Fiducial Marker Placement by Interventional Radiologists

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Amy Deipolyi, MD
Amy Deipolyi, MD

NEW ORLEANS—Transrectal ultrasound (TRUS)-guided prostate fiducial marker placement appears to be a safe and reliable technique that may be performed by an interventional radiologist for subsequent prostate localization during radiotherapy, according to a new study presented at the Society of Interventional Radiology's 38th Annual Scientific Meeting.

Lead investigator Amy Deipolyi, MD, PhD, a research fellow at Massachusetts General Hospital in Boston, noted that the procedure traditionally has been done in urologists' offices, “so we wanted to show that it could be safely done in interventional radiology.”

 “The primary issue is that we see is a misplaced marker,” Dr. Deipolyi said. “Sometimes, one of the markers goes to a place we don't want it to.” This is always corrected easily on the day of the procedure, however, with placements of additional markers if necessary, she added.

Dr. Deipolyi and her colleagues conducted a study with 111 patients who underwent TRUS-guided prostate fiducial marker placement from January, 2011 to August, 2012. In this series of patients, three gold markers were placed, one each in the right and left prostate base as well as right apex. Post-procedure frontal and lateral radiographs confirmed placement. An additional marker was placed if malposition was noted.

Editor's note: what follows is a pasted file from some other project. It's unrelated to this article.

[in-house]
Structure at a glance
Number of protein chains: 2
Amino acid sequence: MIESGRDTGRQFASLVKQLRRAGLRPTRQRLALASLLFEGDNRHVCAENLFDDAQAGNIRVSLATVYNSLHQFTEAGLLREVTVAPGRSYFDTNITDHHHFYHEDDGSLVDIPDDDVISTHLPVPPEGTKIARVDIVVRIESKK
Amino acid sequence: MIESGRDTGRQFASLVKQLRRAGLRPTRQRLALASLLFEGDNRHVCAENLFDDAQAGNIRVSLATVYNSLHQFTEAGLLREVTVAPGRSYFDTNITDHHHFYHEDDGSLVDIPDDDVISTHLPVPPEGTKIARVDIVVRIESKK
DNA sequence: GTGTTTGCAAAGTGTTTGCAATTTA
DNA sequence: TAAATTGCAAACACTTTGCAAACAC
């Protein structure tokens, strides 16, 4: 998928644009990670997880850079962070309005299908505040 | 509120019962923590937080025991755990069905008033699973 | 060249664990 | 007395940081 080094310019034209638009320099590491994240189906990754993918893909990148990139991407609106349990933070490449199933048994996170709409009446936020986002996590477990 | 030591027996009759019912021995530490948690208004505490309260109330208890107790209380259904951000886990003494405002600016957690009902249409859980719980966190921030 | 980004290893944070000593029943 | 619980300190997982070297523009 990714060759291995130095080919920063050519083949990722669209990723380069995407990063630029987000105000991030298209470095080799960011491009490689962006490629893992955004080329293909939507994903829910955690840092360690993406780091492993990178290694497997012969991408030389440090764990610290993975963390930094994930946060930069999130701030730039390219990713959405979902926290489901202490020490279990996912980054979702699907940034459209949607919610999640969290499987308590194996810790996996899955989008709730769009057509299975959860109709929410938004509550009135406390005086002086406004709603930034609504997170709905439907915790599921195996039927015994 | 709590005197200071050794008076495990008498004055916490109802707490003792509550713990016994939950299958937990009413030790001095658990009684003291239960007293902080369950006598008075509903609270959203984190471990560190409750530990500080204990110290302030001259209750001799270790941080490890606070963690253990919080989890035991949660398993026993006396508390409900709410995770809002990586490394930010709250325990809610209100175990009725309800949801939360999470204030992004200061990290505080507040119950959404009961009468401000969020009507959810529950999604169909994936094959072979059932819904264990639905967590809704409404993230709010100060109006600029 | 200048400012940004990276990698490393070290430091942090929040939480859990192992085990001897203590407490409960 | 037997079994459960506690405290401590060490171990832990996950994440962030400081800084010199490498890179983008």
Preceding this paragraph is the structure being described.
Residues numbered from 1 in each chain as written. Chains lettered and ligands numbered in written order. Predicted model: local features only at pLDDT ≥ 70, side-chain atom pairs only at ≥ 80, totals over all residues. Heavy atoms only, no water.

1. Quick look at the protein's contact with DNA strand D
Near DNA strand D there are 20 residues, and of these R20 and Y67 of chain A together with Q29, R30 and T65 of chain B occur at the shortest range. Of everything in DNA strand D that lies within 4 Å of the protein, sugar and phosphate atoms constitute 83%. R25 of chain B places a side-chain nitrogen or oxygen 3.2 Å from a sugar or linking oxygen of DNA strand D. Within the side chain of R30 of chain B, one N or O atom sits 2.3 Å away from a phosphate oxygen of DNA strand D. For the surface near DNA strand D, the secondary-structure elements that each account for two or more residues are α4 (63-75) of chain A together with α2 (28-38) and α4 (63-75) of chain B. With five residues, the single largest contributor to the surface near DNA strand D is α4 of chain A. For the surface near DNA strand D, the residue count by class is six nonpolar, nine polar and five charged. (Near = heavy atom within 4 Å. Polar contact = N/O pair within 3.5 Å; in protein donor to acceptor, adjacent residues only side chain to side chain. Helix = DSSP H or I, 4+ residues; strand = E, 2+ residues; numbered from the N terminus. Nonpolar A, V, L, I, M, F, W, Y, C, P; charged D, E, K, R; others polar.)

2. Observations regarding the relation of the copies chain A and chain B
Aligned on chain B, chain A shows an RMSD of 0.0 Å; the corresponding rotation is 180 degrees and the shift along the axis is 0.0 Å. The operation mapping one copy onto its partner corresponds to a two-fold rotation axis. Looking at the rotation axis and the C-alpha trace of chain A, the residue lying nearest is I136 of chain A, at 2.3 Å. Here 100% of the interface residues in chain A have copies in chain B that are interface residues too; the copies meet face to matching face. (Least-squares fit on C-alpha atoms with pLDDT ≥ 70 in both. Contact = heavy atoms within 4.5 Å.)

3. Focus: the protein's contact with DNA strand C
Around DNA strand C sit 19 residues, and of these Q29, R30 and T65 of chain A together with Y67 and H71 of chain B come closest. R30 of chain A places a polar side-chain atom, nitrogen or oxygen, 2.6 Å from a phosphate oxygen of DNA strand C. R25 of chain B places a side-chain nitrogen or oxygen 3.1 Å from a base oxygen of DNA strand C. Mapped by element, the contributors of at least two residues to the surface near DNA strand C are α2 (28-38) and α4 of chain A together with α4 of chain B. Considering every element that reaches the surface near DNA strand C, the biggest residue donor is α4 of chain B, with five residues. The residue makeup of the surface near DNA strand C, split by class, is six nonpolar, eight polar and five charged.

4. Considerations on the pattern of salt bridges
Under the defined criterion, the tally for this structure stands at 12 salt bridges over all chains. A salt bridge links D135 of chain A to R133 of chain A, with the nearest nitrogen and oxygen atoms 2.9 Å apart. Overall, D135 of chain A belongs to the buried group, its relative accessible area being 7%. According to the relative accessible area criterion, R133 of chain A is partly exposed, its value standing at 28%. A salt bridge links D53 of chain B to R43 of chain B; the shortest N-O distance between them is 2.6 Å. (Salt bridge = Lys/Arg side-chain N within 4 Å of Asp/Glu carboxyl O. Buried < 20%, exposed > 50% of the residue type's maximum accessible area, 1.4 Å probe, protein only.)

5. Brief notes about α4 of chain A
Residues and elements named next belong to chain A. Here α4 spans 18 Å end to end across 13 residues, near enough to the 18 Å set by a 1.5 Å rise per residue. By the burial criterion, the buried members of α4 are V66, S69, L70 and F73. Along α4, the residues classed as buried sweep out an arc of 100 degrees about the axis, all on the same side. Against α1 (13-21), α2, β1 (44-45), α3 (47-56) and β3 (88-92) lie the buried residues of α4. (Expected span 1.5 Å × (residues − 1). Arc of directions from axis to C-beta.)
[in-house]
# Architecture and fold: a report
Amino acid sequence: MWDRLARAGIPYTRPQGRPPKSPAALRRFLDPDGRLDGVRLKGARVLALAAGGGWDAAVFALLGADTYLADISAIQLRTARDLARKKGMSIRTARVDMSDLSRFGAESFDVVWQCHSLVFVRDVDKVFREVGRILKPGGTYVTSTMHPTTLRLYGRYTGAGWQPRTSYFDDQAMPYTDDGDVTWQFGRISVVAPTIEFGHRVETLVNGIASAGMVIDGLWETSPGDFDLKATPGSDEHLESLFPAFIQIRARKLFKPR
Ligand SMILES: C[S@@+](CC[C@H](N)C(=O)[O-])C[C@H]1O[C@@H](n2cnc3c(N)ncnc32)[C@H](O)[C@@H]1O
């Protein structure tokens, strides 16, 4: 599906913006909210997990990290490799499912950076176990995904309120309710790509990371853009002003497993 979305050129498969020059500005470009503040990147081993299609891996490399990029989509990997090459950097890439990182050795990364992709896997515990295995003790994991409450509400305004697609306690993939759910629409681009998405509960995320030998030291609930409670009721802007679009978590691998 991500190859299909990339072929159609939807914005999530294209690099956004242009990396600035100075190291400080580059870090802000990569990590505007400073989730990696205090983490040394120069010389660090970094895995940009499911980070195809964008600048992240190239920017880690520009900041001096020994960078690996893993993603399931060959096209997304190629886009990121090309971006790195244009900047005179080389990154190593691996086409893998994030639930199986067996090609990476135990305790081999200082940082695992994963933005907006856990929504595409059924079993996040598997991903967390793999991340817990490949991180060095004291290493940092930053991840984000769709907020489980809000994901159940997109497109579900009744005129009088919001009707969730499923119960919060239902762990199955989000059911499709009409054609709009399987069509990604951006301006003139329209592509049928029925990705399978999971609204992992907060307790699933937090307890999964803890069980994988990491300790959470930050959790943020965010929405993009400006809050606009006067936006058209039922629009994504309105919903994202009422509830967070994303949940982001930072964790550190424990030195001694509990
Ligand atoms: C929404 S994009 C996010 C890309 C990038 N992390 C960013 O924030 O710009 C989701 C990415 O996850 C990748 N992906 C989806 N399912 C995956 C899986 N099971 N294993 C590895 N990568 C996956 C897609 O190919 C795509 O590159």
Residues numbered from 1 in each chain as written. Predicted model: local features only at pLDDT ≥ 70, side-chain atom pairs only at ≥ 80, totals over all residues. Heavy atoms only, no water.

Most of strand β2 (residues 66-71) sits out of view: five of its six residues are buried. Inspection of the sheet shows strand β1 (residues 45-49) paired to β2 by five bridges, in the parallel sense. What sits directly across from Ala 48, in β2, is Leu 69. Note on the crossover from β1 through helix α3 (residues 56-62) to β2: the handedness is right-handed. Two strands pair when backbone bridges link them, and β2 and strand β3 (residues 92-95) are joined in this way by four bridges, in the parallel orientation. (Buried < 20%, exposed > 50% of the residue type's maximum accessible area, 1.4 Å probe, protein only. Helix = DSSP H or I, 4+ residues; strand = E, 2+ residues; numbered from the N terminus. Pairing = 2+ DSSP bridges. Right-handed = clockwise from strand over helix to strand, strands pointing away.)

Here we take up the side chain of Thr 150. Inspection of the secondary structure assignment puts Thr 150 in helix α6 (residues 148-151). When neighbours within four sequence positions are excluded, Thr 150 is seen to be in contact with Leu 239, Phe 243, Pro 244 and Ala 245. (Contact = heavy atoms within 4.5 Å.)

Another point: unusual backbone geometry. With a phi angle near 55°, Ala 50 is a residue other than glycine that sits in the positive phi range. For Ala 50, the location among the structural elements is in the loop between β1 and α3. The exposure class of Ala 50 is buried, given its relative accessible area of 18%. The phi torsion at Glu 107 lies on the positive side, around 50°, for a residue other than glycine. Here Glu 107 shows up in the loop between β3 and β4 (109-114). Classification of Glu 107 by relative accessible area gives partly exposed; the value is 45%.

The 111 men had a mean age of 69 years (range 52-90 years), a mean PSA level of 11 ng/mL (range 1-106 ng/mL), and mean prostate volume of 31.5 mL (range 2-130 mL). The mean Gleason score was 7 (range 6-9). Clinical stages ranged from T1c-T3b. Six patients (5.4%) previously had undergone transurethral resection of the prostate and one patient (0.9%) previously had received cryotherapy.

In 60 men (54%), 1% lidocaine was injected into the neurovascular bundle; the remaining 51 men (46%) received no lidocaine. Moderate sedation was used to allay anxiety on one patient and general anesthesia was used because of anal canal stenosis in another patient.

The researchers observed excellent primary placement in 105 patients (94.5%). Malposition of one marker was recognized on ultrasound in four cases (3.6%) and on radiograph in two cases (1.8%).  These malpositions required additional fiducial placement. In all cases, the fiducials were still used during radiotherapy.

As a result of poor visualization of the fiducial markers, three patients (2.7%) required additional prostate localization using B-mode acquisition and targeting ultrasound at the time of radiotherapy. All the patients later underwent radiotherapy. Forty patients underwent proton beam radiotherapy and 71 underwent intensity-modulated radiation therapy.

All the patients received ciprofloxacin 500 mg twice a day for three days peri-procedurally and gentamycin 80 mg at the time of procedure. Post-procedure, a urinary tract infection requiring oral antibiotics occurred in one patient (0.9%) and urosepsis requiring hospital admission and intravenous antibiotics occurred in one patient (0.9%).

“It was overall very safe,” Dr. Deipolyi told Renal & Urology News. “We had a very low complication rate. There is always a risk of bleeding, but we did not see that in our series. So that was reassuring.”

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